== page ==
That is not to say that claims data are without drawbacks. They lack clinical details such as symptoms, test results, and severity of disease. They reflect little about the patient’s quality of life. Though overall the coding of diagnoses and procedures in claims data are accurate, they can sometimes be vague (Kashner 1998). When there are multiple diagnoses during a single visit some may not be captured. Minor non-monetized procedures – such as counseling a patient to stop smoking – are usually not recorded.
Our statistical models measure the quality of the process of care (Brook et al. 2000;Brook and Cleary 1996). In trying to improve the care for a particular patient, structural aspects of care are less relevant since they are fixed over the short term. Ideally, we would measure outcomes of care but outcomes are difficult to infer from claims data since lab results, symptoms, etc. are not captured (Wennberg et al. 1987). For example, an insurance claim may record that a diabetes patient had a glycated hemoglobin test, but it will not record the results of the test. Whether the patient’s glucose level is improving or not cannot be determined. Furthermore, because we have data only over a two-year period, long-term outcomes cannot be measured. Though we didn’t instruct the physician rating the quality of care to look specifically at process of care, that is what de facto was available to him.
Of course, process measures of quality of care for diabetes patients exist in the form of the guidelines of the American Diabetes Association (2007). These guidelines have been developed based on the best available evidence and, where conclusive evidence is still lacking, consensus of expert opinion. Yet, many aspects of a patient’s care are beyond the purview of the guidelines. Also, using clinical guidelines to measure quality of care for patients with multiple diseases can be problematic because guidelines focus on the optimal treatment of a single condition (Kerr et al. 2001). For an individual with several coexistent disorders the treatment demands for one disease may conflict with recommendations for others. Finally, intangible aspects of care might be difficult to capture in written guidelines.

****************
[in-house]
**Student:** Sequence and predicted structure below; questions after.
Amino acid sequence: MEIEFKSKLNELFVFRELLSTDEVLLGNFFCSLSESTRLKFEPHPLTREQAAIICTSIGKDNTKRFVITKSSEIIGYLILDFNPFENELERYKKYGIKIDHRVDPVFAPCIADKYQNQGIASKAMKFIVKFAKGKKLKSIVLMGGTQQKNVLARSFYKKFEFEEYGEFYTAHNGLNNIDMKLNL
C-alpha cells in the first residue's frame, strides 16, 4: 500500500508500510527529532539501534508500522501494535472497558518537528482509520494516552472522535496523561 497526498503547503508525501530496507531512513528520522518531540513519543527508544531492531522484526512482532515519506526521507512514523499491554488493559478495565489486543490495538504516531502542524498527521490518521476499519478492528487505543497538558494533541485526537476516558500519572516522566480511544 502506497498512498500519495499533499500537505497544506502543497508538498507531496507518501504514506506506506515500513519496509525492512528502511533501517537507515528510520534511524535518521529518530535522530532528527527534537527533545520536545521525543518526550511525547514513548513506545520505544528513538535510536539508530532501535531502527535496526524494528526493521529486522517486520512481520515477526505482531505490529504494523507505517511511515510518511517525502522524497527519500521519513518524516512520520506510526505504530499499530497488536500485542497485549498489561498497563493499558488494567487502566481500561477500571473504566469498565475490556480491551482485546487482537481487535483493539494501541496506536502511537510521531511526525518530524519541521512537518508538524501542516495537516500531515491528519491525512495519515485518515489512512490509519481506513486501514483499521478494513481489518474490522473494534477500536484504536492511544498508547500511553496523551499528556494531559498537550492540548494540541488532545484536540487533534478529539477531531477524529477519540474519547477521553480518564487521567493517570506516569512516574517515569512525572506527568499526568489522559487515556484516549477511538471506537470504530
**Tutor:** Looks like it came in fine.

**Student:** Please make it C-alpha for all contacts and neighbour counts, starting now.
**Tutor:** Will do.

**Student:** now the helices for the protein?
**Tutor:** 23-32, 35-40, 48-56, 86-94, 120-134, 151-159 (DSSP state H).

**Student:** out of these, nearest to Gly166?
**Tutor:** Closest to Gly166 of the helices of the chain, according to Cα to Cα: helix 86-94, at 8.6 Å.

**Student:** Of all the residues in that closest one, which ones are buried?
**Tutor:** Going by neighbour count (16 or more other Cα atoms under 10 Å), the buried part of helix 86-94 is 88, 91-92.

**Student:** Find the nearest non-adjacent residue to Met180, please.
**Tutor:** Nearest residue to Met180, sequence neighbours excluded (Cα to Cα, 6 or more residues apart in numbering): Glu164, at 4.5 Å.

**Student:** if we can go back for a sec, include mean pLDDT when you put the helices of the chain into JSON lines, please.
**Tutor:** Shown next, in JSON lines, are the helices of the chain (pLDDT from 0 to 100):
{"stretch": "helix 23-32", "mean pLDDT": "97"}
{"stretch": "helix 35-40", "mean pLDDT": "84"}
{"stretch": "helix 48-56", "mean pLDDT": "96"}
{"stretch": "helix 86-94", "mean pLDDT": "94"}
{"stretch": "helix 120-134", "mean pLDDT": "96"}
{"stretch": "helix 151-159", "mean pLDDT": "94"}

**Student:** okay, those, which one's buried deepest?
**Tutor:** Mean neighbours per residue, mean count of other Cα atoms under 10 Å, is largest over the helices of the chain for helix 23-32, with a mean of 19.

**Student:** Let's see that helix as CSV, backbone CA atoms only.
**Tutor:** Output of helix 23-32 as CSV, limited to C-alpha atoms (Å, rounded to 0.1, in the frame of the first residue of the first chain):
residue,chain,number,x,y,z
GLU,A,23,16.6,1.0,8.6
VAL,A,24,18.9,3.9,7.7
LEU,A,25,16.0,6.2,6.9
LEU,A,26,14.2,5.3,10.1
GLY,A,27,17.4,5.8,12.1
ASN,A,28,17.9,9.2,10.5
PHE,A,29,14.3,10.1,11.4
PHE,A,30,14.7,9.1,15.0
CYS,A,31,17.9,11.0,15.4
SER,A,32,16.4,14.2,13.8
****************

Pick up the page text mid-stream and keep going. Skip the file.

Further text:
By having a physician review the claims data for our study set, we obtain a holistic view of the patient’s care. The physician can consider not only the care they received for their diabetes, but also for comorbidities. He can examine the patient’s overall course of care, including routine preventive care. Nevertheless, the diabetes treatment guidelines are relevant and below we discuss how compliance with the guidelines correlated with the physician’s assessment of care.
Though we have built a statistical model to identify poor quality care, we do not claim that the model defines poor care. Identifying poor care is not equivalent to defining it. For example, consider the statistical models used by credit card companies to identify fraudulent patterns of transactions. The use of a credit card in rapid succession at gas stations may be a red-flag that the card has been stolen. But that is not to say that it is wrong for a person to use their own credit card in rapid succession at gas stations. It is simply a fact that such behavior is correlated with fraud. In the same way, if our statistical models incorporate the use of narcotics as a red-flag for poor care this does not mean that all uses of narcotics are inappropriate. It simply means that there is a correlation between the use of narcotics and poor care. An advantage of our approach is that it doesn’t rely on an explicit definition of quality.